There is a great website called fe…

Sex Lit

Interesting article in Alternet about the proliferation of literature about strippers and colleges teaching Porn studies.

In this latter-day phase of stripper chic, academics such as Barton churn out doctoral dissertations about peep shows and shimmering poles. Middle-class 20-something smarties write memoirs about ditching drone jobs in cafes and offices for "the penis gallery," to quote prep-school grad Cody, whose Pussy Ranch blog led to a six-figure advance for Candy Girl, and who is now a millionaire screenwriter working on a project with Steven Spielberg. Ex-ballerina Barton toyed with but finally tossed the idea of "doing participant observation' by stripping, herself: "I had a 'good' body," reflects the author, who teaches at Kentucky's hilariously named but perfectly ordinary Morehead State. Married hipster Cody confides: "I desperately wanted to be a stripper."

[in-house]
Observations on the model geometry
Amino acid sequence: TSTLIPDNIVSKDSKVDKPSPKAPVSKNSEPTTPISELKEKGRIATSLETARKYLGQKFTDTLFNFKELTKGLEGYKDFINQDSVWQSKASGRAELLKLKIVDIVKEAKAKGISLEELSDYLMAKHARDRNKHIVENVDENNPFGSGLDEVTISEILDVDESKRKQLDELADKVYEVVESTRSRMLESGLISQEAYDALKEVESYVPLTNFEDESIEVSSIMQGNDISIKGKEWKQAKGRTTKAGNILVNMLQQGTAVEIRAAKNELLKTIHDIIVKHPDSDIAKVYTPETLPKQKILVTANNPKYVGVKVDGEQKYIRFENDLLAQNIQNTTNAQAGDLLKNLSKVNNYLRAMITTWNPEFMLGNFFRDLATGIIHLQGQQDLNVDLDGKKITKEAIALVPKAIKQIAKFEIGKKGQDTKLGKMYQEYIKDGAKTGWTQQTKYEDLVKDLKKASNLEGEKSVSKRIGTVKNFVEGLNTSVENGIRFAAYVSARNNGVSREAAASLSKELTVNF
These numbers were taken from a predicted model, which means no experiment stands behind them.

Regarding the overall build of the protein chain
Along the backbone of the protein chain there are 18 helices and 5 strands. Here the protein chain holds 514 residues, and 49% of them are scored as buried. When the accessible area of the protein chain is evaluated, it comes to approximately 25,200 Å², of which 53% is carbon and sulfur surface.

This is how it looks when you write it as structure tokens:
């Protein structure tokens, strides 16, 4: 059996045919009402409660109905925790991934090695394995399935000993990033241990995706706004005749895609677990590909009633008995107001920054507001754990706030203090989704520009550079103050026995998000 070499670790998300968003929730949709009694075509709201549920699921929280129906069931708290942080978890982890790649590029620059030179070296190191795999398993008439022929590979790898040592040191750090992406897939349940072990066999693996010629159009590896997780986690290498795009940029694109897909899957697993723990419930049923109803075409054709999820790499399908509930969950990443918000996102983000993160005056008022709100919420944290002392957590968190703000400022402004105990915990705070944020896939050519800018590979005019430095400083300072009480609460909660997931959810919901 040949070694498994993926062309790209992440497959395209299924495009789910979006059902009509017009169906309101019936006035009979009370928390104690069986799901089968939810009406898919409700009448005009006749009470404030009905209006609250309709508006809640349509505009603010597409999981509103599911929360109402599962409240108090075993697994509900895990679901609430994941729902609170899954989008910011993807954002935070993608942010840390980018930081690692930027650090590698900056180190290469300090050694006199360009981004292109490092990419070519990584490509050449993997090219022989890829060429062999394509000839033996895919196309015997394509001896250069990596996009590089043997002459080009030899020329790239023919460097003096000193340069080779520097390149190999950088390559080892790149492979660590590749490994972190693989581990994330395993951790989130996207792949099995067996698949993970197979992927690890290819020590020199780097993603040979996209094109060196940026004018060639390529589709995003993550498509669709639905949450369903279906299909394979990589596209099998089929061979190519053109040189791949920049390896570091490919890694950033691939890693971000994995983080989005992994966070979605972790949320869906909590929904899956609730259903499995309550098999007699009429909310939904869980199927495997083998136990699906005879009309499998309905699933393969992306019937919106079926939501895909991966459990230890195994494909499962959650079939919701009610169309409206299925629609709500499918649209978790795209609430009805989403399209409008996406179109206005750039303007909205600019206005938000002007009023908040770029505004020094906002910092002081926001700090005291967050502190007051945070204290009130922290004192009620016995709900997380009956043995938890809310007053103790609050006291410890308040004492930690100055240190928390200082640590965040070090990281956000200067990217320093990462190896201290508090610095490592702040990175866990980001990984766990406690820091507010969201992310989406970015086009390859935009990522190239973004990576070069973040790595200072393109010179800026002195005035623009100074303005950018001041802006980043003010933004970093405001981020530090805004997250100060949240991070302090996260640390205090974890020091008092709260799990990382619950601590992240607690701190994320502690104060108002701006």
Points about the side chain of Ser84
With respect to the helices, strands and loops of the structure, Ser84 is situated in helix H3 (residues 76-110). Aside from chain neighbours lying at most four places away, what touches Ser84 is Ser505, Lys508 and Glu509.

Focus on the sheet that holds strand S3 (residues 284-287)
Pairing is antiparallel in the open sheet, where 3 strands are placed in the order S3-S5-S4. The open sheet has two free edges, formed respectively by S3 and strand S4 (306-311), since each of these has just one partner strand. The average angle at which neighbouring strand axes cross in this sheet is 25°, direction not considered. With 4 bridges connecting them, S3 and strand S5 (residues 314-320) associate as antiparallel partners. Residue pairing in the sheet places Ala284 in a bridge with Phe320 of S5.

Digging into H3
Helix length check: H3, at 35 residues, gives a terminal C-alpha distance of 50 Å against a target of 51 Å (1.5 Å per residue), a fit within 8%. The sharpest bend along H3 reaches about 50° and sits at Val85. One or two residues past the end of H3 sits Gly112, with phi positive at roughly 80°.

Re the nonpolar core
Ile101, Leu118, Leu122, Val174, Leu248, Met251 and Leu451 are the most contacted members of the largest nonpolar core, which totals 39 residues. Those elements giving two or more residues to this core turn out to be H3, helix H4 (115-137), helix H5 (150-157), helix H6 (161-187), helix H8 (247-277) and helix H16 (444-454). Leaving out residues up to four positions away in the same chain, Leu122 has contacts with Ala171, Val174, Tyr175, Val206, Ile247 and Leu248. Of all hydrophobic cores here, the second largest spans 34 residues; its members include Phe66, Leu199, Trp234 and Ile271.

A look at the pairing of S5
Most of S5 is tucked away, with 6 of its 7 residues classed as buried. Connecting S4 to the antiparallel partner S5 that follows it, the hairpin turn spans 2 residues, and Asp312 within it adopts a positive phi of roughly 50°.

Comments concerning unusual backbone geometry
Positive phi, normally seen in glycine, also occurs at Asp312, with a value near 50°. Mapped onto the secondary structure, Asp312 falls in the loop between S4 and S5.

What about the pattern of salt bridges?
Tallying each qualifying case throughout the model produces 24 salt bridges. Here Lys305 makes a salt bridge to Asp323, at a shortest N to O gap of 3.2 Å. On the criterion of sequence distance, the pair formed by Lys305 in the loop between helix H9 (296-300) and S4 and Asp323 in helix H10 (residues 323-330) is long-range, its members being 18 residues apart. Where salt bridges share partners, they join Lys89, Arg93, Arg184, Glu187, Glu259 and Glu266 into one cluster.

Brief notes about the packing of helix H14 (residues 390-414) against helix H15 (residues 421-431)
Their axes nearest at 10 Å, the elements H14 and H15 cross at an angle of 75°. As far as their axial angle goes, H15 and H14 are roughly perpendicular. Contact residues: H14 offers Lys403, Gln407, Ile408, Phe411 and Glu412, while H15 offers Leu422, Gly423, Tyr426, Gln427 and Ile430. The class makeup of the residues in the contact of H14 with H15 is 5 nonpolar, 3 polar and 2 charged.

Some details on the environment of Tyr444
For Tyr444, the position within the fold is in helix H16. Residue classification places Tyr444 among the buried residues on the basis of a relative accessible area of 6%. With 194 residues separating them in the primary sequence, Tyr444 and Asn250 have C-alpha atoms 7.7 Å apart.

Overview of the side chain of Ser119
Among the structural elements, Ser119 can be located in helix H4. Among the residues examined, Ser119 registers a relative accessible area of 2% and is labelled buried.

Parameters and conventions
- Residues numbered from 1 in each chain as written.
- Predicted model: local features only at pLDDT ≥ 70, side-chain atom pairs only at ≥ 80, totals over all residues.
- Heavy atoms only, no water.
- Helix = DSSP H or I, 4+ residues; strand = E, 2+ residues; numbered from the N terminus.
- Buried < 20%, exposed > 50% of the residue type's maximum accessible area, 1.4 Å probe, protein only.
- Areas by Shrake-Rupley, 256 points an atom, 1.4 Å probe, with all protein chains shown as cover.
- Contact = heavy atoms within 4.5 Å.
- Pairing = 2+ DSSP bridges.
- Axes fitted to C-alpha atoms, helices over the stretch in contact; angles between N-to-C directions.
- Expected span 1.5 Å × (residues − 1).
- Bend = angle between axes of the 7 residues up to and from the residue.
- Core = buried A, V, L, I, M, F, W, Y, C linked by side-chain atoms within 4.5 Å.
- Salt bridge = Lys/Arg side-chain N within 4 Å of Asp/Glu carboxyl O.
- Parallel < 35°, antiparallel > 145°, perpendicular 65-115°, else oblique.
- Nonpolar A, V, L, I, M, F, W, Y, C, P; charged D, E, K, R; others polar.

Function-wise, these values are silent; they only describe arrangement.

Wine and Yoga anyone?

The NYT has an article on Yoga retreats combining wine drinking as part of them. I don't think it works for me, but i guess as long as people are moderate in drinking it is ok.

knowing the enemy: the anthropology of insurgency

George Packer has written an interesting article in the New Yorker on the role of social scientists to help redefine the war on terror.

David Kilcullen, an Australian who has a doctorate in political anthropology from the University of New South Wales, wrote on the Darul Islam conflict, a Muslim insurgency movement in Indonesia during the 1950's and 1960's. During his study he saw similar behavior and similar problems in an Islamic insurgency in West Java and a Christian separatist insurgency in East Timor. He felt the problem was not Islam but human social networks and the way that they operate. People get pulled into insurgency through friends, family and associates.